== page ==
4. Rinse in a colander and spread on a baking sheet or dehydrator sheet. Bake in the oven at the lowest temperature (150 F is optimal) or dehydrate until completely dry. This step is important, as any remaining moisture in the nuts or seeds can cause them to mold. Dehydrating time can often be up to 24 hours, so a dehydrator simplifies the process but isn’t necessary.
  5. NOTE: If you plan to use nuts or seeds to make homemade almond milk or any other variety, this is the optimal time, as they are already softened. This is an important step in the homemade nut milk process as the enzyme inhibitors are mostly removed and the nuts are already softened to make a more creamy milk.

A Step Further: Sprouting

Sprouting goes a step further from soaking and reduces the levels of enzyme inhibitors even more. Often, products sold as sprouted nuts and seeds are merely “activated” by the process of soaking, but certain seeds can sprout after several cycles of soaking, rinsing, and giving exposure to air to allow germination.

Raw pumpkin and sunflower seeds are the best candidates for sprouting, and some nuts like pecans and walnuts will not sprout. If you want to add this additional step, soak the seeds with the process above. Then rinse and follow the normal sprouting process until sprouts occur. This will only work with non-irradiated seeds and only certain varieties. This step does further reduce enzyme inhibitors, but except for those with digestive problems or severe nutrient deficiencies, this step is not often necessary and soaking alone is sufficient.

To Soak or Not to Soak?

Not all nuts and seeds can be easily soaked. Flax and chia seeds gel when soaked and are very difficult to work with. For any nuts or seeds that can be soaked, you’ll have to weigh the benefits and see if the process is worth the time investment for you.

Personally, I like this step simply because the seeds and nuts taste so much better once they are soaked and it makes the nutrients more available. If you consume a lot of nuts or seeds, this process may be especially helpful to you, as the higher levels of enzyme inhibitors may be more problematic. Soaking and dehydrating organic raw nuts and seeds also creates an end result similar to roasted nuts, but without the added vegetable oils or high temperature roasting that can damage the nutrients and enzymes in these foods.

High quality pre-soaked and sprouted nuts and seeds are now available (I personally like this brand), but you can accomplish the same end result by soaking your own at home. It takes a little time investment, but is well worth the taste and nutrient benefits in my opinion.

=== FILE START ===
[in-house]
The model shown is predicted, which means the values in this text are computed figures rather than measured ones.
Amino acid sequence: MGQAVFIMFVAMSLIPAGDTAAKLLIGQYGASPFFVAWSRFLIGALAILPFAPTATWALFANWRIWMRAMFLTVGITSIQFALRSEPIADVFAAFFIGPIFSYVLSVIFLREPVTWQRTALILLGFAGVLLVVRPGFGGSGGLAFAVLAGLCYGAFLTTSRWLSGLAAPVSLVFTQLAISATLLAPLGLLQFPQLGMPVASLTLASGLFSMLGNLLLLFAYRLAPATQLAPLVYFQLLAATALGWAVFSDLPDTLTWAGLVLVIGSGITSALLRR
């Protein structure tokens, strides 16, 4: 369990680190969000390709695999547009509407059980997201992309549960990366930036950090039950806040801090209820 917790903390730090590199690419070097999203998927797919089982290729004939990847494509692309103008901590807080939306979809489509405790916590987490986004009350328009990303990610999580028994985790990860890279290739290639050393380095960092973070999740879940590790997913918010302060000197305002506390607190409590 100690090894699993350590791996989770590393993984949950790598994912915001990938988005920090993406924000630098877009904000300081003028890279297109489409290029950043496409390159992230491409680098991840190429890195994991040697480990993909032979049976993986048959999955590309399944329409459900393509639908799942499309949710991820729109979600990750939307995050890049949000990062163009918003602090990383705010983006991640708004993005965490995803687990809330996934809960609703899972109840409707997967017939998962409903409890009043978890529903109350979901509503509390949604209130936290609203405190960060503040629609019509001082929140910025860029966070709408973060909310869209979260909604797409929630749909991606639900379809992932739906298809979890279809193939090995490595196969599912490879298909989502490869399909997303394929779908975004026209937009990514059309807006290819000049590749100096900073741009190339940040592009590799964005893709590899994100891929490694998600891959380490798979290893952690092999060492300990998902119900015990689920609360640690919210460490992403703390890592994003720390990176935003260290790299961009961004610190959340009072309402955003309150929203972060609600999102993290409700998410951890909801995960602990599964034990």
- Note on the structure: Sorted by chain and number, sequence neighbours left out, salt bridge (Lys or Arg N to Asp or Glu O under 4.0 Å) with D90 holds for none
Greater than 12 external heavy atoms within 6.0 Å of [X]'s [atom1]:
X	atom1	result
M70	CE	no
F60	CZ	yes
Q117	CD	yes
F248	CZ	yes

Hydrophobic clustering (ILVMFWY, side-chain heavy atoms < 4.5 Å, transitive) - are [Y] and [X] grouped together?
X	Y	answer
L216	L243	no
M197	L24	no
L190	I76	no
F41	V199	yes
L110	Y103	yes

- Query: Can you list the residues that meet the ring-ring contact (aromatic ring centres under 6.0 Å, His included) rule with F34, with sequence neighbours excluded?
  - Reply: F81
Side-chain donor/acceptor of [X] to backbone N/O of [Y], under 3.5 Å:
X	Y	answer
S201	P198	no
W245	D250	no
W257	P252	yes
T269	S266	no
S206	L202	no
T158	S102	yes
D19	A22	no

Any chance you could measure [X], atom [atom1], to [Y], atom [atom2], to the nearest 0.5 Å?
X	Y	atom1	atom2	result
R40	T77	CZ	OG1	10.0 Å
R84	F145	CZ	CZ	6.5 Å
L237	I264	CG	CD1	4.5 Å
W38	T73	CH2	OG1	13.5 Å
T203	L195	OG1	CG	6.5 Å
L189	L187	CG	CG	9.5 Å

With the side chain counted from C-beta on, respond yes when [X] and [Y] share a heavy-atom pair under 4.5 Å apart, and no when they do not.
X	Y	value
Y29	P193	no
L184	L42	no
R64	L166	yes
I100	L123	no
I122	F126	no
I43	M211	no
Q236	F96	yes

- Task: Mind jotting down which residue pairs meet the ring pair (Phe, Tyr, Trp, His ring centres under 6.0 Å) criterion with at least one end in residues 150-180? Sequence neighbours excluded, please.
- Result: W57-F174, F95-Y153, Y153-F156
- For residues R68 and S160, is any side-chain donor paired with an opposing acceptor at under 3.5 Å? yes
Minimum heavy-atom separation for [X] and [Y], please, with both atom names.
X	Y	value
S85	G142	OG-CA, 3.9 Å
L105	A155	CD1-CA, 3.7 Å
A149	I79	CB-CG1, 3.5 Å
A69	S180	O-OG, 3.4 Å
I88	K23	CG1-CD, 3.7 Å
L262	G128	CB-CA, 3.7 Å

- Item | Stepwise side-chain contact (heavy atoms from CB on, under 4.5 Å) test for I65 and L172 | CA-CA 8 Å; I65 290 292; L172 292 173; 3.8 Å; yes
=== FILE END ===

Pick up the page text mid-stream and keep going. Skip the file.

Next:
Do you have any experience with soaking nuts and seeds? What method do you use?

Katie Wells Avatar

About Katie Wells

Katie Wells, CTNC, MCHC, Founder of Wellness Mama and Co-founder of Wellnesse, has a background in research, journalism, and nutrition. As a mom of six, she turned to research and took health into her own hands to find answers to her health problems. is the culmination of her thousands of hours of research and all posts are medically reviewed and verified by the Wellness Mama research team. Katie is also the author of the bestselling books The Wellness Mama Cookbook and The Wellness Mama 5-Step Lifestyle Detox.


143 responses to “The Importance of Soaking Nuts & Seeds”

  1. Steve K Avatar

    I usually soak almonds and then either make milk out of them or store in fridge for snaking but I was wondering if the pasteurized almonds sold as “raw” have less phytic acid because of the pasteurization than truly raw almonds.

  2. Stephanie Avatar

    Hi Katie – I’ve tried searching for answer to this question and the internet doesn’t seem to have one so I’m soliciting your opinion 🙂 Nut prices have gone up so dramatically and I’ve noticed that Wegman’s carries three “healthy” varieties of nuts (like walnuts and almonds): 1) raw, unroasted 2), organic, and 3) raw and organic. The pricing for #3) is getting ridiculous so I was wondering what the second best option is…. going with raw, or organic?

  3. Dee Avatar

    If I’m going to use cashews in a recipe where they will be ground/blended into a sauce, do I need to soak them and dehydrate them or will just soaking them do the job?

  4. Mike Harmon Avatar
    Mike Harmon

    Recently in a group on fermentation it was brought up to do a honey and nut ferment and one reader questioned why to soak the nuts. I refered to them this article and was wondering how you feel about doing a nut ferment? WOuld it do the same as soaking? More?
    Many thanks,

  5. Victoria Avatar